STIs/STDs are extremely common (“STI” refers to sexually transmitted infections, and “STD” stands for sexually transmitted disease). In fact, STIs/STDs cost the U.S. healthcare system approximately $16 billion each year. While not all people with sexually transmitted infections will have symptoms, STIs can have serious long-term consequences on your reproductive and overall health when left undiagnosed or unmanaged. If you’re planning on being sexually active with a partner, it’s important to discuss sexual health and how to practice safe sex first.
When you’re in a newer relationship, topics like STD testing and prevention may not feel like the most fun or comfortable to discuss—especially with all of the misinformation and stigma surrounding sexually transmitted infections. However, getting the conversation started can help both you and your partner maintain your health, limit the spread of sexually transmitted infections and diseases, and may give you peace of mind during intercourse.
So, how do you talk about STIs with a new partner? We’ve outlined a few tips to help you feel comfortable and get the most out of this conversation. Read on or skip to our printable conversation starters designed to help you and your partner open up about your sexual health and STI prevention.
With all of the misinformation and stigma that often encompasses STIs, it’s important to do your research and know the facts before having a conversation with your partner.
Remember, many people have STIs and have no or mild symptoms. Make sure you know how STIs can be spread and how to prevent them. Understanding how to get tested and what treatment options may look like should you or your partner have an STI, can also be helpful when having this conversation.
Discussion advice: Ask your partner how familiar they are with STD/STI prevention and if they feel prepared to discuss their sexual health. If there are gaps in sex education or understanding, consider doing research independently and then planning a “date night” to discuss what you’ve learned. You can even make it fun and quiz each other on sexual health facts or myths and see how much you know.
Before diving into this intimate conversation with a partner, it may be helpful to identify exactly what you want to get out of the conversation. Think about why you’re having the conversation in the first place. For instance, are you having this discussion to let your partner know that you’ve been infected with an STI, or to get on the same page about how to practice safe sex? Figuring out exactly which topics you’d like to discuss beforehand can help you stay on track and ensure you don’t miss anything.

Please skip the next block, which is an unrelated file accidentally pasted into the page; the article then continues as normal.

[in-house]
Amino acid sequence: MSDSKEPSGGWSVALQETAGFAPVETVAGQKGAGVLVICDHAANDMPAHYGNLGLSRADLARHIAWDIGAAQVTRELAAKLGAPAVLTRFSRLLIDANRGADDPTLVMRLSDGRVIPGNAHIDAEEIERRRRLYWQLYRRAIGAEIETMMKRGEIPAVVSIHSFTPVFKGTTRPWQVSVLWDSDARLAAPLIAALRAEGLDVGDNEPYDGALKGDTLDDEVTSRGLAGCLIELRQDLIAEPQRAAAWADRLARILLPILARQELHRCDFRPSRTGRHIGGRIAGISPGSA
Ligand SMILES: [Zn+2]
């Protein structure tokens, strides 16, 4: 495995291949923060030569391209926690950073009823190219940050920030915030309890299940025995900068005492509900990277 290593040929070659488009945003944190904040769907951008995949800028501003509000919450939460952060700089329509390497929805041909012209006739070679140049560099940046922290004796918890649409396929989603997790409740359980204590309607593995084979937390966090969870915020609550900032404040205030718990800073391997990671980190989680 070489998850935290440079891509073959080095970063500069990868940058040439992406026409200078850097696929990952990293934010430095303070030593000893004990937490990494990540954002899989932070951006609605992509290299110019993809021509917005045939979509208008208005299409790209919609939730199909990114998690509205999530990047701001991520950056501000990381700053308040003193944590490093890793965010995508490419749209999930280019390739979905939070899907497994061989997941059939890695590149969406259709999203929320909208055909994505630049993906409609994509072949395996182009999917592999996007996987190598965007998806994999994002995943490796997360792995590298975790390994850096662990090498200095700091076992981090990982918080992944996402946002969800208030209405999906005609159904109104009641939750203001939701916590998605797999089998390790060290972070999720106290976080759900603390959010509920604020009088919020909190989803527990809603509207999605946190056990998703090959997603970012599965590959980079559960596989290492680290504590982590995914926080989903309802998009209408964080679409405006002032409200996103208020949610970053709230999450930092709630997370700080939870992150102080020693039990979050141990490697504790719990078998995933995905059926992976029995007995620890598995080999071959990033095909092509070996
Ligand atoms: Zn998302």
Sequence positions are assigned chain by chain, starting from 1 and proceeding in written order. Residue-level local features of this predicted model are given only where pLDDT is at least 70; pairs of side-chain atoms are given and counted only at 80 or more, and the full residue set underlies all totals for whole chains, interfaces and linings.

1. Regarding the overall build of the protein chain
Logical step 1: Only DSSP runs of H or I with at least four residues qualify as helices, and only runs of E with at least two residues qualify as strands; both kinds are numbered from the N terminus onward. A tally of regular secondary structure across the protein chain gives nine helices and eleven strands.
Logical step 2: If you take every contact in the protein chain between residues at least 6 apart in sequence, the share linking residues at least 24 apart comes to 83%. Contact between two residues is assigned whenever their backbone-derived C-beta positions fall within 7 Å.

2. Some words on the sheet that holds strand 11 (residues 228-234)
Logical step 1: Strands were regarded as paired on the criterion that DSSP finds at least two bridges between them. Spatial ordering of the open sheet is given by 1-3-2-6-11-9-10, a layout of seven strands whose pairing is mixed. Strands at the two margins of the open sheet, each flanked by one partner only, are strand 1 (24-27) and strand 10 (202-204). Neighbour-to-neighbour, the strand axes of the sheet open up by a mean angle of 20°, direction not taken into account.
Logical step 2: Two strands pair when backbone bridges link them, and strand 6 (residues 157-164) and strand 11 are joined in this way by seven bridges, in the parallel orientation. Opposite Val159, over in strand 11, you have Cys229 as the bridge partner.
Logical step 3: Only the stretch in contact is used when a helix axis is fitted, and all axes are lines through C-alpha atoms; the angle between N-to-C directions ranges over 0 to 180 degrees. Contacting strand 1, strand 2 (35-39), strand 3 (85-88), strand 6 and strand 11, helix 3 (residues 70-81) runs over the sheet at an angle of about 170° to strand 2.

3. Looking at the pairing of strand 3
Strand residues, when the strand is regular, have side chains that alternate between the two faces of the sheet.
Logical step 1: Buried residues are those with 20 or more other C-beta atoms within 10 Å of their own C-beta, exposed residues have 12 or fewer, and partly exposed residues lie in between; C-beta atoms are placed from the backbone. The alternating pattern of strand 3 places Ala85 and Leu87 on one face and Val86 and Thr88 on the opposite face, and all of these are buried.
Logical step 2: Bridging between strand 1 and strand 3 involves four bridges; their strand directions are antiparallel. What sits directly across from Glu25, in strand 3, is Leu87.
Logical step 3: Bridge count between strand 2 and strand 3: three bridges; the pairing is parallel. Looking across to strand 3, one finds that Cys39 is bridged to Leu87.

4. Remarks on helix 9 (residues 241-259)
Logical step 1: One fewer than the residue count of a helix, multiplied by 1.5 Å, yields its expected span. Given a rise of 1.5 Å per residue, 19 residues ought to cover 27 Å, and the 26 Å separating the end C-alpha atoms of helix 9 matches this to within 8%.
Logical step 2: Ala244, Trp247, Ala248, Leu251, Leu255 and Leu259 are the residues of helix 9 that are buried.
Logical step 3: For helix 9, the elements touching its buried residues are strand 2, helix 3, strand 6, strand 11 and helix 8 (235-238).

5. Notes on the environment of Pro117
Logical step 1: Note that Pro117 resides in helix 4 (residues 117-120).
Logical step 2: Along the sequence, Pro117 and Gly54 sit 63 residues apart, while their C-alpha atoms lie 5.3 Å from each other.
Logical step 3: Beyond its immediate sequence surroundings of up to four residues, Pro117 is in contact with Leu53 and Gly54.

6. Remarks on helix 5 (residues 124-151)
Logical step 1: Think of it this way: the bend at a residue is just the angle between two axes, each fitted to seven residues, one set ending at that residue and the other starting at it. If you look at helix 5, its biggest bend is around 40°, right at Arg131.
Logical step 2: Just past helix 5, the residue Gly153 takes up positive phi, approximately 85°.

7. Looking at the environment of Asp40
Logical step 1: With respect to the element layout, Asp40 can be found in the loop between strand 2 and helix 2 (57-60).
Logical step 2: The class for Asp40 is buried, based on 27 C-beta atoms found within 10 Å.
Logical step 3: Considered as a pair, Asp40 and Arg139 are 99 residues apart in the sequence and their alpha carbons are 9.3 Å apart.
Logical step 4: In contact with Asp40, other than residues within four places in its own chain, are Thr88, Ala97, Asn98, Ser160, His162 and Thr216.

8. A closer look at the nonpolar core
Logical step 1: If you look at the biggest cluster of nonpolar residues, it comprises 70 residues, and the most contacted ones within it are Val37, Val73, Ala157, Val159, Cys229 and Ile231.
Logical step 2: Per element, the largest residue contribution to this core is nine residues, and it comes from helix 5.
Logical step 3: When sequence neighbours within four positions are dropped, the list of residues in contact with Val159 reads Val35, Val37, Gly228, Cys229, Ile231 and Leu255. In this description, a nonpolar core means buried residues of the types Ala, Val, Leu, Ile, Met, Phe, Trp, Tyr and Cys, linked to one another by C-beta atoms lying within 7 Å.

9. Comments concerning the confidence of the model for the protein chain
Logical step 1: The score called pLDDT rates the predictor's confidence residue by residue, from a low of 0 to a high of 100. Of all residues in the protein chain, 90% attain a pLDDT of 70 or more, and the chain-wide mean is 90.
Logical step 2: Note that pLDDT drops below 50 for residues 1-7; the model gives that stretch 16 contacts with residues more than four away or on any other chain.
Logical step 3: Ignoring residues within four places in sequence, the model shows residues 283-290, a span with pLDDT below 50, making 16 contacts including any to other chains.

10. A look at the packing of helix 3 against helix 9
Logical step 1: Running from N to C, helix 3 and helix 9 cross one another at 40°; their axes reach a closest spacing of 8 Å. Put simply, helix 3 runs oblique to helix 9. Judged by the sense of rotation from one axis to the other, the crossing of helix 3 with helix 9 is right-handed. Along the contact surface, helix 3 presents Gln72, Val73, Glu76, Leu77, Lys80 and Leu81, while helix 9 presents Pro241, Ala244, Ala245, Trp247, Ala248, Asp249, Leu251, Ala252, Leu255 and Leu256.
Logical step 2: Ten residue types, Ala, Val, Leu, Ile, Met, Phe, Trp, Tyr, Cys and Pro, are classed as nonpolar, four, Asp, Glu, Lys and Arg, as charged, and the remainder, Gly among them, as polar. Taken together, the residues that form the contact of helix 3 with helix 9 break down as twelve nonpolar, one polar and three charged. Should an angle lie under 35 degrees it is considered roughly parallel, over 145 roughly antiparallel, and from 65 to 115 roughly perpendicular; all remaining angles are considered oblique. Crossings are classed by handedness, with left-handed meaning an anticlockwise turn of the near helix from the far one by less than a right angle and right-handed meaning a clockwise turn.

Discussion advice: Consider brainstorming and jotting down questions you’d like your partner to answer or what you want to accomplish from having this conversation. Jot down your own discussion points and go over them together.
When it comes to intimacy and safe sex, you and your partner may have differing views or opinions. Make sure you stand firm in what you think is best for you and your health, and know what your boundaries or limitations are—even if you and your partner disagree.
Consider what you are and are not comfortable with during sex. When it comes to your body and your health, don’t compromise.
Discussion advice: When discussing your boundaries, be firm and direct. If something is non-negotiable for you or your health, make sure that is clear to your partner. Also, be prepared for not everything to go as planned. If something makes you uncomfortable or isn’t aligned with your values, and you decide not to be intimate with a potential partner, that’s okay too.
It’s normal to feel a little nervous or awkward when discussing sexual health, STIs, and protection for the first time with a partner. Aim to create a comfortable and safe environment for both of you to open up and get the most out of your conversation. This can be a very intimate conversation with your partner, so making each other feel safe and creating a space for openness is just as important before intercourse as it is during.
Discussion advice: Limiting distractions and finding a private setting where you both can feel comfortable to speak freely is best when discussing intimate matters such as your sexual health. Setting some ground rules like no phones, no judgment, or keeping whatever discussed between the two of you can be helpful as well.